You can apply for up to two components but can only compete in one — either academic, sport, participation or social. Tryouts for non-academic components happen in the fall leading up to the competition.

Get involved by following these steps

As a Telfer student, you understand that gaining experience during your undergrad is an important step in building your post-university career. If you’re eager to represent Telfer at the Jeux du Commerce, here are your next steps for success:

1. Follow the Telfer Competitions Committee (TCCT) on social media

Stay in the know about application deadlines and tryout dates for all components of JDC (academic, sports, participation, social) through TCCT’s social media accounts. Initial information about applications is posted in early March prior to the year in which you want to compete (e.g., March 2023 for competition in January 2024).

2. Submit your application and attend your tryout

For tryouts for the academic component, get to know the structure of a typical case crack, as you’ll take part in a mock one during your tryout. For the social, participation and sport components, read the tryout requirements to ensure you have the necessary equipment and tools, for the tryout.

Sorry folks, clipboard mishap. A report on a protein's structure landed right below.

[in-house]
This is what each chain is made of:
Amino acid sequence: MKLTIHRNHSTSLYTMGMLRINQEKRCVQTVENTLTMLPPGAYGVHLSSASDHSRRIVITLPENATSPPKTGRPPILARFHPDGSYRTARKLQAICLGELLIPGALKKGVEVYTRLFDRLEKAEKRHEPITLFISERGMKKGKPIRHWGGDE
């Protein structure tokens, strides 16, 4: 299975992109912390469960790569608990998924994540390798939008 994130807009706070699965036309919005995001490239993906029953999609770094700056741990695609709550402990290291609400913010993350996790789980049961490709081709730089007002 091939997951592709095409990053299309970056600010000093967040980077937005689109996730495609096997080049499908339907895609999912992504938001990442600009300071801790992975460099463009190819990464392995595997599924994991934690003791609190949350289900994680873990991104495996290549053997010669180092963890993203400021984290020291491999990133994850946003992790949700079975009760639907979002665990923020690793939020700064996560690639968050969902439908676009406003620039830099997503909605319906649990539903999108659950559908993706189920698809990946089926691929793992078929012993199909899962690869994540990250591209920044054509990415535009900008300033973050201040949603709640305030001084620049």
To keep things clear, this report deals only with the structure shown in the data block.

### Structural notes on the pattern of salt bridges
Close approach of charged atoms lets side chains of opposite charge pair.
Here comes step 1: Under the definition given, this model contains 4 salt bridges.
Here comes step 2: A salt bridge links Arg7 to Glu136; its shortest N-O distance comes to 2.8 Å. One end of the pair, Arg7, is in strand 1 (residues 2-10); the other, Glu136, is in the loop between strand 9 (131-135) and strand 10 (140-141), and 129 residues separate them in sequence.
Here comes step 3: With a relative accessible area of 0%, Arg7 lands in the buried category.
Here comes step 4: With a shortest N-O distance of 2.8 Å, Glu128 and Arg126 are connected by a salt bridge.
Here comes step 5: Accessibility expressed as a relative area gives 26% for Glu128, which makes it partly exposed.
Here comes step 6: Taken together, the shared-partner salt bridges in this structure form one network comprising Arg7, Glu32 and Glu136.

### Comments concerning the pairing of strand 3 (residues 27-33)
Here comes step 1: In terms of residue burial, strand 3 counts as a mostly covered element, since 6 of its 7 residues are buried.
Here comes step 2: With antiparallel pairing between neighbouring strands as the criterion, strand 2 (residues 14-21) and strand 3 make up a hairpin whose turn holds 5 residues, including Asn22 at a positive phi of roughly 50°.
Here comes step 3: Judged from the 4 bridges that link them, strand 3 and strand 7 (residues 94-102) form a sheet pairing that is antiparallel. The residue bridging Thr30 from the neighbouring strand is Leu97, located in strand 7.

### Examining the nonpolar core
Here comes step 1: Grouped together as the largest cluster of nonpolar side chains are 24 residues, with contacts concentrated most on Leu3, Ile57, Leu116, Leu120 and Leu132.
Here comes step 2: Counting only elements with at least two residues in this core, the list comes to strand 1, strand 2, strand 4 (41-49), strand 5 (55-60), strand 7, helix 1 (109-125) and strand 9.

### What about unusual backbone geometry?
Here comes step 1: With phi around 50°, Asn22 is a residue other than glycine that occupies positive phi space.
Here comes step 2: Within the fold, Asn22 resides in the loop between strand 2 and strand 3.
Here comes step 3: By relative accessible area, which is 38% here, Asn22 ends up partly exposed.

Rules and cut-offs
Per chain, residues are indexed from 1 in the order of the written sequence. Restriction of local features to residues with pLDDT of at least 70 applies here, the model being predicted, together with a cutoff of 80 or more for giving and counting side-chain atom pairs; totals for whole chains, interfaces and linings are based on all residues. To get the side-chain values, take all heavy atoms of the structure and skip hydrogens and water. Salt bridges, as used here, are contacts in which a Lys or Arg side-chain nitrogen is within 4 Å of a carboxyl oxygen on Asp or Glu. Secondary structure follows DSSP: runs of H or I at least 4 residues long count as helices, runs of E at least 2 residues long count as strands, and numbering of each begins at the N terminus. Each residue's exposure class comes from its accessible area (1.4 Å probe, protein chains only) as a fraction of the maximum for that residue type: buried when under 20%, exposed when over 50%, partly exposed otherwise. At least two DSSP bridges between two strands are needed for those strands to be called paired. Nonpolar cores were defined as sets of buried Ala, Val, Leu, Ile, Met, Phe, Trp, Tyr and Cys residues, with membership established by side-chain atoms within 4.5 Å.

3. Check your email for tryout results

Results are released in April following the tryout. If you’re selected as a JDC academic delegate, you’ll be placed in a team of three according to the academic category the committee has assigned to you. Each team is assigned one or two coaches and/or mentors for the duration of the year to assist during practice sessions and provide live feedback.

For the social, participation and sport components, you’re placed in the category you’ve tried out for.

4. Pay the membership fee

You must pay a one-time membership fee of $450 that covers registration, food and accommodations, events and celebrations, and a full Telfer-branded merchandise kit.

To ensure that as many Telfer students as possible have access to case competitions, philanthropic initiatives and campaigns like Giving Tuesday focus on supporting a students’ journey to competition. Donations from alumni, sponsors and the greater business community help bridge the gap between theory and practice.